This western begins with St. Louis resident Lutie Cameron (Katharine Hepburn) marrying New Mexico cattleman Col. James B. 'Jim' Brewton (Spencer Tracy) after a short courtship. When she ... See full summary »
In Brooklyn circa 1900, the Nolans manage to enjoy life on pennies despite great poverty and Papa's alcoholism. We come to know these people well through big and little troubles: Aunt Sissy's scandalous succession of "husbands"; the removal of the one tree visible from their tenement; and young Francie's desire to transfer to a better school...if irresponsible Papa can get his act together. Written by
Rod Crawford <email@example.com>
The Betty Smith novel was the object of pre-publication bidding competition among several studios, with Darryl F. Zanuck and 20th Century-Fox ultimately paying $55,000 for the rights. See more »
When the girl is ironing, she never gets a hot iron off the stove; back then, said irons had to be heated from some heat source, usually the stove top. One was used while another was being heated, and then the person would switch when the one ironing got too cool to press the wrinkles out. See more »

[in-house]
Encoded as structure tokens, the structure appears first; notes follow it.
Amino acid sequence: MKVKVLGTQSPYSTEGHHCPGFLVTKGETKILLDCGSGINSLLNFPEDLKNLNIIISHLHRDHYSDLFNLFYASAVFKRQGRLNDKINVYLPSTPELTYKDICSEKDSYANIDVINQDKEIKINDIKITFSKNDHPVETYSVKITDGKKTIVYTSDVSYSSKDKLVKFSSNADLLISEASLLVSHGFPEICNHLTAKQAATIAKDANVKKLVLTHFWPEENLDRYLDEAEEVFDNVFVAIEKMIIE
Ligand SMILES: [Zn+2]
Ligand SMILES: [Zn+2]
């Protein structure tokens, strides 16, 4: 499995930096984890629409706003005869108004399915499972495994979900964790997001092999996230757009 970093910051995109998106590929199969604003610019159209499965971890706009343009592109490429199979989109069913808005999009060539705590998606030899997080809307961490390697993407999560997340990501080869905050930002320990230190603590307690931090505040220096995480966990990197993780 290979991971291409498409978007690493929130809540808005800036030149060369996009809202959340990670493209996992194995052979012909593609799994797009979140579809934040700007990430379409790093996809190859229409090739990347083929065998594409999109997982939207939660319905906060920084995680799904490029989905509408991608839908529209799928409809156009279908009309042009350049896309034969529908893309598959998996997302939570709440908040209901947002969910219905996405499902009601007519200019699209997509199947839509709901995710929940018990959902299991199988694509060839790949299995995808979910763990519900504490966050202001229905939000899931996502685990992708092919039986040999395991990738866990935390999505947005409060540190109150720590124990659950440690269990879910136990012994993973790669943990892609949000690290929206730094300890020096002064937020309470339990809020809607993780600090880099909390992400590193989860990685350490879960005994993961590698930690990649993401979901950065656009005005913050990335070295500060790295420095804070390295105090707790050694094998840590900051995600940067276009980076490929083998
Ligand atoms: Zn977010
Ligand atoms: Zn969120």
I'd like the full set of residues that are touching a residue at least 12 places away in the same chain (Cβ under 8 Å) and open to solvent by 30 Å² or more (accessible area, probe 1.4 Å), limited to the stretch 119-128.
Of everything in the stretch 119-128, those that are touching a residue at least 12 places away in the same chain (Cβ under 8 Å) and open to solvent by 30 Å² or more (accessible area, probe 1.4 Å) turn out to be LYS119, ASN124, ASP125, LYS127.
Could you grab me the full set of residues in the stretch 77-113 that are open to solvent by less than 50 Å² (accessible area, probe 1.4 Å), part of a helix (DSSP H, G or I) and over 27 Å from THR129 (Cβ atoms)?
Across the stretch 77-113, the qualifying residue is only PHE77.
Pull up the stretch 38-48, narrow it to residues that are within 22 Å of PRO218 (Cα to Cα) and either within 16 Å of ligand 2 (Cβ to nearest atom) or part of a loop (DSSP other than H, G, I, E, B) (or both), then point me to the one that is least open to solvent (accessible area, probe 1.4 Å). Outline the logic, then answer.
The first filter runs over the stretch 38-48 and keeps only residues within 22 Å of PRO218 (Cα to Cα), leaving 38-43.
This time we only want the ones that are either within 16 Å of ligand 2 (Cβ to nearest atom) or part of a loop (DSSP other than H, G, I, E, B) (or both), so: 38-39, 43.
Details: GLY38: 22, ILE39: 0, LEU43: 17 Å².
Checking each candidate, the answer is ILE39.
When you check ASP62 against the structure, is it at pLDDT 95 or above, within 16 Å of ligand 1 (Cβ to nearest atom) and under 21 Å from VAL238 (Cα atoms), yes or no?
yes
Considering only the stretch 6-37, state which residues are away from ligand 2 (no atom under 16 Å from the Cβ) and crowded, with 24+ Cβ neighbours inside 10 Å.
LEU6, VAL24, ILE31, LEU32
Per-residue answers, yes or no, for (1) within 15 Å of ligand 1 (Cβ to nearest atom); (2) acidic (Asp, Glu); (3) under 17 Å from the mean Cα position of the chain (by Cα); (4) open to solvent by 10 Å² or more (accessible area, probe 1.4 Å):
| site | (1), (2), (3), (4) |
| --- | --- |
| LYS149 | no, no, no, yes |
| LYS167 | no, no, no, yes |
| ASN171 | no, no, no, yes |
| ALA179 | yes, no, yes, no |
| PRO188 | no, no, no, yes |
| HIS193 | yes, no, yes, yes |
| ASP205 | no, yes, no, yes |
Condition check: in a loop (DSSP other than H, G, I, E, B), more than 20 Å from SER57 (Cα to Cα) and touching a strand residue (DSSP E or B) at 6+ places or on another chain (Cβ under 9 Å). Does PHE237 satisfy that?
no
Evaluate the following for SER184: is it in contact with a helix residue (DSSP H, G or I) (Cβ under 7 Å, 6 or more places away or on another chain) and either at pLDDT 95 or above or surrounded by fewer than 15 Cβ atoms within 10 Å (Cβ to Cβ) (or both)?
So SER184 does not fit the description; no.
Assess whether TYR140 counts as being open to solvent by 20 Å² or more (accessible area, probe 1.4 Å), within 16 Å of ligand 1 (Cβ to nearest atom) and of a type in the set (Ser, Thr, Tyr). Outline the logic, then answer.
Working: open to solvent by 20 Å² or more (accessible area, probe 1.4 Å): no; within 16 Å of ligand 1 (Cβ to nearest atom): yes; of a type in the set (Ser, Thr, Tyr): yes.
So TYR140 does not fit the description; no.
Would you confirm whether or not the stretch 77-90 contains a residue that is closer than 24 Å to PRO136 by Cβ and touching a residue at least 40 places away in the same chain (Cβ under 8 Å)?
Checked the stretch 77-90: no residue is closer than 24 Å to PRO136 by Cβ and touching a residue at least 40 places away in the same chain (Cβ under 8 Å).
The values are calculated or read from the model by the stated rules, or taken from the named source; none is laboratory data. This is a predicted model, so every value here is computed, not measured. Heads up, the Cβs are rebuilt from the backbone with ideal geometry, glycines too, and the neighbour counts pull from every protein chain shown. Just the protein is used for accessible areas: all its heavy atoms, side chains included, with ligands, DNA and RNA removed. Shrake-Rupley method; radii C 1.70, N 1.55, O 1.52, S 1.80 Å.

If I ever go to that deserted island with a VCR and ten movies, this would be one of them. This is one of those rare cases when the movie is nearly as good as the book. Peggy Ann Garner perfectly embodies the role of Francie Nolan, and her brother Neely is around to provide the comedy, and he's very funny. Of course, McGuire, Dunn and Blondell are great, but I enjoyed the children the most. Look for a very young Ruth Nelson, who plays a sympathetic teacher of Francie - the scene between them is very memorable. Overall I can't say enough great things about this movie - it should be seen by anyone & everyone.
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